[Date Prev][Date Next][Thread Prev][Thread Next][Date Index][Thread Index]

Gas prob.s, and ridding tap of toxic sanitizers

In a message dated 4/15/99 1:02:23 AM Pacific Daylight Time, 
Aquatic-Plants-Owner at actwin_com writes:

 > I would wait 24 hours
 > if you fill the tank directly from the tap, particularly in the winter.
 > The reason for this is that tap water, particularly in the winter is high
 > in various dissolved gasses. (you see them collect as bubbles on the
 > of the tank glass as you fill the tank) These can be very hard on the
 Really?  A while ago, someone told me it would help remove
 chlorine/chloramine if I deliberately stirred up bubbles when I do a water
 change.  So I've made a practice of it... does this create a problem for the
 fish, or is it not a problem for just a 20% water change or so? >>

Hmmm, well, KR is right in cautioning folks re the dangers of gas 
super-saturation during cooler months (and the very real possibility of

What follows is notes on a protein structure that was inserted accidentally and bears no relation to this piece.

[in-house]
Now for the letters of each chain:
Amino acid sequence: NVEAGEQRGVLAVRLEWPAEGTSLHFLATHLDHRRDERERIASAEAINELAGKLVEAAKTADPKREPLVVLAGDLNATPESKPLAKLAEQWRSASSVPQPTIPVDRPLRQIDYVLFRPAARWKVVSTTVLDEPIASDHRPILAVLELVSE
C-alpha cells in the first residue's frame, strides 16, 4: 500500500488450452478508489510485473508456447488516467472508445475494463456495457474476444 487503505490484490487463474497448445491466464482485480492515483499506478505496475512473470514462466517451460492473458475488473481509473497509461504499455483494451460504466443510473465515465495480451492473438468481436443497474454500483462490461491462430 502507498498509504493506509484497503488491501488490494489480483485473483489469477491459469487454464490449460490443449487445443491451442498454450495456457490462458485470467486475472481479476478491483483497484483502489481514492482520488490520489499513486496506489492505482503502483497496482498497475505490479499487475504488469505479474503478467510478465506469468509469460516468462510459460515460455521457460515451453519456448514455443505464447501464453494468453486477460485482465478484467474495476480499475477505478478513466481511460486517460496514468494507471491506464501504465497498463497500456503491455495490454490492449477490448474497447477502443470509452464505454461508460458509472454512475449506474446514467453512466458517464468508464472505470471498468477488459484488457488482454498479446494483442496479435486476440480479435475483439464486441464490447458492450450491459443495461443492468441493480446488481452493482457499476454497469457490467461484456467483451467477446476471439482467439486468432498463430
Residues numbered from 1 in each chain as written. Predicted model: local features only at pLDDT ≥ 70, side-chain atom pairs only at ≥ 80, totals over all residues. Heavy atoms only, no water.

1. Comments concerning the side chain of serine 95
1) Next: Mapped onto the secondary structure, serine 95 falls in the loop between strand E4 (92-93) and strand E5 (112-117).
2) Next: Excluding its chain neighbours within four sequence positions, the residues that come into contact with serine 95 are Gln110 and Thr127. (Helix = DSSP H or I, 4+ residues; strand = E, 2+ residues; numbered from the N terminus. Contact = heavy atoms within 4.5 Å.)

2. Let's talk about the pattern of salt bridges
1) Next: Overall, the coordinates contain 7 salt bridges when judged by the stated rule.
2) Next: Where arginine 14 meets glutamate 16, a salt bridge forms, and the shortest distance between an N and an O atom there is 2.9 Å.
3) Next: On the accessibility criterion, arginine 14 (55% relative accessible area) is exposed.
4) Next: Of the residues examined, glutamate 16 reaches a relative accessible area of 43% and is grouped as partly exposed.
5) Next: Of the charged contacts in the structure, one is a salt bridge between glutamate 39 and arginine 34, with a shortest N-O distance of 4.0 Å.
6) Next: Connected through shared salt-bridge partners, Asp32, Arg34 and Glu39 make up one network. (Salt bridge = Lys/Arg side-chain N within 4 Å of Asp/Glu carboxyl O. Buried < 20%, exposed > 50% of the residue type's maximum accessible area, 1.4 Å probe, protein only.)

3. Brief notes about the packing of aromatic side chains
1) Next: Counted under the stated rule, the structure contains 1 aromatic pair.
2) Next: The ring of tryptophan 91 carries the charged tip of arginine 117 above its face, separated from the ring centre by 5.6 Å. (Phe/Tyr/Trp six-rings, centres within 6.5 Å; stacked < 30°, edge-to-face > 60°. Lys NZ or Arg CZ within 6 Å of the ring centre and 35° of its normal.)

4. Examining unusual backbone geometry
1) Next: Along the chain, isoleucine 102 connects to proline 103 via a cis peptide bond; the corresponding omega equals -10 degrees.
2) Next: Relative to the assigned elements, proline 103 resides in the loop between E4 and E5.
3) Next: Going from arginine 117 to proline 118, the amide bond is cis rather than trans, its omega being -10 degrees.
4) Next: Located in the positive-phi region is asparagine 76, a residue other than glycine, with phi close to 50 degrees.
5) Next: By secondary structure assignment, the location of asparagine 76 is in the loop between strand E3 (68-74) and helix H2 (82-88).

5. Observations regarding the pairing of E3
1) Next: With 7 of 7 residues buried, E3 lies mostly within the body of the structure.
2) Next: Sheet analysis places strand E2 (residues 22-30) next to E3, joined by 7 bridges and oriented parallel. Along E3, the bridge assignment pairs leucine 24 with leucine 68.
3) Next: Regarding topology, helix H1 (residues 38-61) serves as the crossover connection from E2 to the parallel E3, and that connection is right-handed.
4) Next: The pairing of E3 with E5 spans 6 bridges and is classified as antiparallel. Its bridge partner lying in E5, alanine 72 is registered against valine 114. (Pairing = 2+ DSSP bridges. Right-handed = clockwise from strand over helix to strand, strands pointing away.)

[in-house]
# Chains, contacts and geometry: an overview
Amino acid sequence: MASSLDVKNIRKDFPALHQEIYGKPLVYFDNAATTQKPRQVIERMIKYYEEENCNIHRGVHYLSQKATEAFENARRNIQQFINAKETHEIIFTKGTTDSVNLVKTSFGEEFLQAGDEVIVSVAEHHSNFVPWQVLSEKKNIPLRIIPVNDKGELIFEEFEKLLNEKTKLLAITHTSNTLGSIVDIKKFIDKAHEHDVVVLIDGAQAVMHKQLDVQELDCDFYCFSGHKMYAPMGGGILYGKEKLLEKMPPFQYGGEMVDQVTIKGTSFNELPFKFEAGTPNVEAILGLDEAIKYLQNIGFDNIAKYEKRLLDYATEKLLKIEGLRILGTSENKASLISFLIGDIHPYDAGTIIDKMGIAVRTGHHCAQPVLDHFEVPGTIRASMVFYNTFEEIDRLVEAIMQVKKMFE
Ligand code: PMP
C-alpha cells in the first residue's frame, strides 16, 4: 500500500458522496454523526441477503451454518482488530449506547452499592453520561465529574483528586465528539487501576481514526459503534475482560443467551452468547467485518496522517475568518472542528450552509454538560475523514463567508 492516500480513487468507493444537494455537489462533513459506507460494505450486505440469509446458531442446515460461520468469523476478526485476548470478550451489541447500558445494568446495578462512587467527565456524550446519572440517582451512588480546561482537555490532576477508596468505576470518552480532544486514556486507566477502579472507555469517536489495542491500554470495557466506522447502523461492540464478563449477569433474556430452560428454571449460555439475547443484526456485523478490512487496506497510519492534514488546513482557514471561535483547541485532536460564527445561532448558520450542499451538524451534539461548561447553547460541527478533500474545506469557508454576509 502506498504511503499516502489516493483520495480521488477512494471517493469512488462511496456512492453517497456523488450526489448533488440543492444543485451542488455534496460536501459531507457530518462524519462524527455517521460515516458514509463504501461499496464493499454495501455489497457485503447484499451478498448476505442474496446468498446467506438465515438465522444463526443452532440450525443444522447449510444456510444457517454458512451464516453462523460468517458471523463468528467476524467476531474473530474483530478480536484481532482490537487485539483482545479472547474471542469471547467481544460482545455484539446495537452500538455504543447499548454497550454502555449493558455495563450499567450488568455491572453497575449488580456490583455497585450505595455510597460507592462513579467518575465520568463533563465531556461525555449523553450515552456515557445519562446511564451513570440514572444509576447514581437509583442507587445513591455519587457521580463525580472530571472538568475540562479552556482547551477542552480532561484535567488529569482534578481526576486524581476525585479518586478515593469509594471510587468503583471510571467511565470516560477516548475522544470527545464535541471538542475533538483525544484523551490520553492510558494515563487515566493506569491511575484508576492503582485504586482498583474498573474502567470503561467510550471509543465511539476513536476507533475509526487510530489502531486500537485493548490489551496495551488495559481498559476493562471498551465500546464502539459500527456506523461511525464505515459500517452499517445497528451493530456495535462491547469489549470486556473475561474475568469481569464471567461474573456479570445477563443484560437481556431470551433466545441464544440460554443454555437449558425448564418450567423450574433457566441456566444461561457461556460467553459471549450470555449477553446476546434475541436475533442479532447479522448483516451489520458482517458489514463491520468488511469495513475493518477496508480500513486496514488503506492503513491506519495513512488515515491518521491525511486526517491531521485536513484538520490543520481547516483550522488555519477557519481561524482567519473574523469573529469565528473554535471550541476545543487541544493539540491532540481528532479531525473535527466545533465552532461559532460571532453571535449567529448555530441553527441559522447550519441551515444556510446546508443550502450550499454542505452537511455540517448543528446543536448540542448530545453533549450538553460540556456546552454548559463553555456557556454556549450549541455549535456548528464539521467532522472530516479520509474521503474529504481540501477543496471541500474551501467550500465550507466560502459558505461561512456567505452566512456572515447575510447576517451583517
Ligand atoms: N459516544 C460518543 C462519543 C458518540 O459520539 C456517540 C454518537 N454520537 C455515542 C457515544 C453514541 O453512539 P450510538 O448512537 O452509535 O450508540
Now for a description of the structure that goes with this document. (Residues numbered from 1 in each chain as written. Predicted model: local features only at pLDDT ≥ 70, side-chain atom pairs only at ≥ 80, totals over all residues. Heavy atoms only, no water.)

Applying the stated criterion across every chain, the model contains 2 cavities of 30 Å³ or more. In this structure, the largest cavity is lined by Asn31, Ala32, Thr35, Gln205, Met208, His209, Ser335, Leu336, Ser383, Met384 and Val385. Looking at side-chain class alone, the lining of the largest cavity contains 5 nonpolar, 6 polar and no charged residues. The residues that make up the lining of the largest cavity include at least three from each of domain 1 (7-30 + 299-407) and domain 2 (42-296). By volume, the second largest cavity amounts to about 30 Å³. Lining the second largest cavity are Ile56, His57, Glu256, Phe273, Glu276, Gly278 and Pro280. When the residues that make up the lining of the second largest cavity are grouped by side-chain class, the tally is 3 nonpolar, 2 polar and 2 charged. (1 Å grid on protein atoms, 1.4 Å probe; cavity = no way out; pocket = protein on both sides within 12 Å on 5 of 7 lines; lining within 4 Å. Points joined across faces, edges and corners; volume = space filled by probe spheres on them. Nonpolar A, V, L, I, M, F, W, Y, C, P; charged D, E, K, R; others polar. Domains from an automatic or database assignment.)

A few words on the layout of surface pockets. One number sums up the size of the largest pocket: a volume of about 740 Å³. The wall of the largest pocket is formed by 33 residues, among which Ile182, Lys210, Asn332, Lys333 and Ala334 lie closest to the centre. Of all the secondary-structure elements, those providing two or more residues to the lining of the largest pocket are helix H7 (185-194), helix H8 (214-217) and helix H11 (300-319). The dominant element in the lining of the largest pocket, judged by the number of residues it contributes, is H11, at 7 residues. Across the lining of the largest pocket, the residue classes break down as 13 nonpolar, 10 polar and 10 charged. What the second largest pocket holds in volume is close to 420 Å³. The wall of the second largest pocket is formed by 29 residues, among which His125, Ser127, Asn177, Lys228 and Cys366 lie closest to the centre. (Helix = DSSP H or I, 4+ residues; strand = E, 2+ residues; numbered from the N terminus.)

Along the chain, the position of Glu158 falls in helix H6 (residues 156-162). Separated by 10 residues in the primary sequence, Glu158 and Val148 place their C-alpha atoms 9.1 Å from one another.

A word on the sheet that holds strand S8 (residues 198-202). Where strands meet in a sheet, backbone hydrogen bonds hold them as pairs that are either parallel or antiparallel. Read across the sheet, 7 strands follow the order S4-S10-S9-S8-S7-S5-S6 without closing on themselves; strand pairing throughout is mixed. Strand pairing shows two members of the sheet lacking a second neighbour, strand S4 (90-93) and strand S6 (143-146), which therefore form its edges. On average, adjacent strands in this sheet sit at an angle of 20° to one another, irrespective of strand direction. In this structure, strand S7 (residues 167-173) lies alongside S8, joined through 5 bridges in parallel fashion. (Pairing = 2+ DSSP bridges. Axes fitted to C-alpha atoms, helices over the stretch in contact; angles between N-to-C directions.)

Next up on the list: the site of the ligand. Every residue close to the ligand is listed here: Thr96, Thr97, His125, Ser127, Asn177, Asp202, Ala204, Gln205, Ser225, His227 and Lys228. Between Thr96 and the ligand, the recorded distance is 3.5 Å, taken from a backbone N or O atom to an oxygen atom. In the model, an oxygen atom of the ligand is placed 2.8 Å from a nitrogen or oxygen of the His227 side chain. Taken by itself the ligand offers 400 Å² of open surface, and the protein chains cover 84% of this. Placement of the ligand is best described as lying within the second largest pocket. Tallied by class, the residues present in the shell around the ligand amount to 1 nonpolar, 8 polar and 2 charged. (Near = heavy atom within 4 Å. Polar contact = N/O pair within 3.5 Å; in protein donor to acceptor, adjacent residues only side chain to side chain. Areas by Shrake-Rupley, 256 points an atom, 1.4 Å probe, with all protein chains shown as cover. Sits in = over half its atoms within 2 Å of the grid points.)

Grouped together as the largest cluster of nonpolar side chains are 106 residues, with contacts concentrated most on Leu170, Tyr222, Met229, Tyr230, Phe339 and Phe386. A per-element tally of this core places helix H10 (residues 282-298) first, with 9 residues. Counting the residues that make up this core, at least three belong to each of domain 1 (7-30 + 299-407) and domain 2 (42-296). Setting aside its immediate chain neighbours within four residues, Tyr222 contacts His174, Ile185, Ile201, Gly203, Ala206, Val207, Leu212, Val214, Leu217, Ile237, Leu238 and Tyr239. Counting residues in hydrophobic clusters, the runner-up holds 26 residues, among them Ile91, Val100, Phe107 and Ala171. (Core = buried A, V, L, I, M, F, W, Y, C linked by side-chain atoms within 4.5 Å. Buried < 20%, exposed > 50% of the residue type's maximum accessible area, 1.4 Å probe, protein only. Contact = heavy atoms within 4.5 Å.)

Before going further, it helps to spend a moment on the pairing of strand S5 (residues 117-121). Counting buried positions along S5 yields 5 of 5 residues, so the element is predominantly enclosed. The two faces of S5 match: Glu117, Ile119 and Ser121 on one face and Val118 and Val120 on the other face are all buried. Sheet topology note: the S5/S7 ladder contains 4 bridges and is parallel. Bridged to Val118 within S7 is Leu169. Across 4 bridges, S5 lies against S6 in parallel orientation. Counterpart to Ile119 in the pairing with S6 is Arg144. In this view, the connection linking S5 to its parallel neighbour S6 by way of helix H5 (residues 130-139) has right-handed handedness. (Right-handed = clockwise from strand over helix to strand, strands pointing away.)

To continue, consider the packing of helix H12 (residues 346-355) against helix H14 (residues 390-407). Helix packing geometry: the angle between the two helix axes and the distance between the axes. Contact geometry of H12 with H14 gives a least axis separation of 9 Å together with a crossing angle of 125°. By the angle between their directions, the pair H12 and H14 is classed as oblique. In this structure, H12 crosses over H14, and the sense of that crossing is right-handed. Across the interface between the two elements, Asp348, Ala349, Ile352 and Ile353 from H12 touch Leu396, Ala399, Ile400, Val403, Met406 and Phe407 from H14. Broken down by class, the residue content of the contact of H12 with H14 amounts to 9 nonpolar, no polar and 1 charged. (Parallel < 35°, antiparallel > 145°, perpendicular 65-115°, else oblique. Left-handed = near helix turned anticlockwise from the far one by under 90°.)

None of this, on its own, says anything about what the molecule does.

emphysematosis: "gas bubble disease" that can come from not-outgassing new 
water...), and a comment re the chlorine/chloramine dissipation. The former 
sanitizer (just chlorine) does "escape to the air" by mechanical aeration, 
but not chloramines (appreciably). The modern tap water sanitizer 
(chloramine) must need be aerated a good week compared to a day or so for the 
"good old days" of simple chlorine... best to let the water age in a 
dedicated container for those seven days, okay to treat with a 
dechloraminator... and only so-so a good idea to risk semi-poisoning your 
livestock with even "just" a twenty percent water change (IMO of course).
Bob Fenner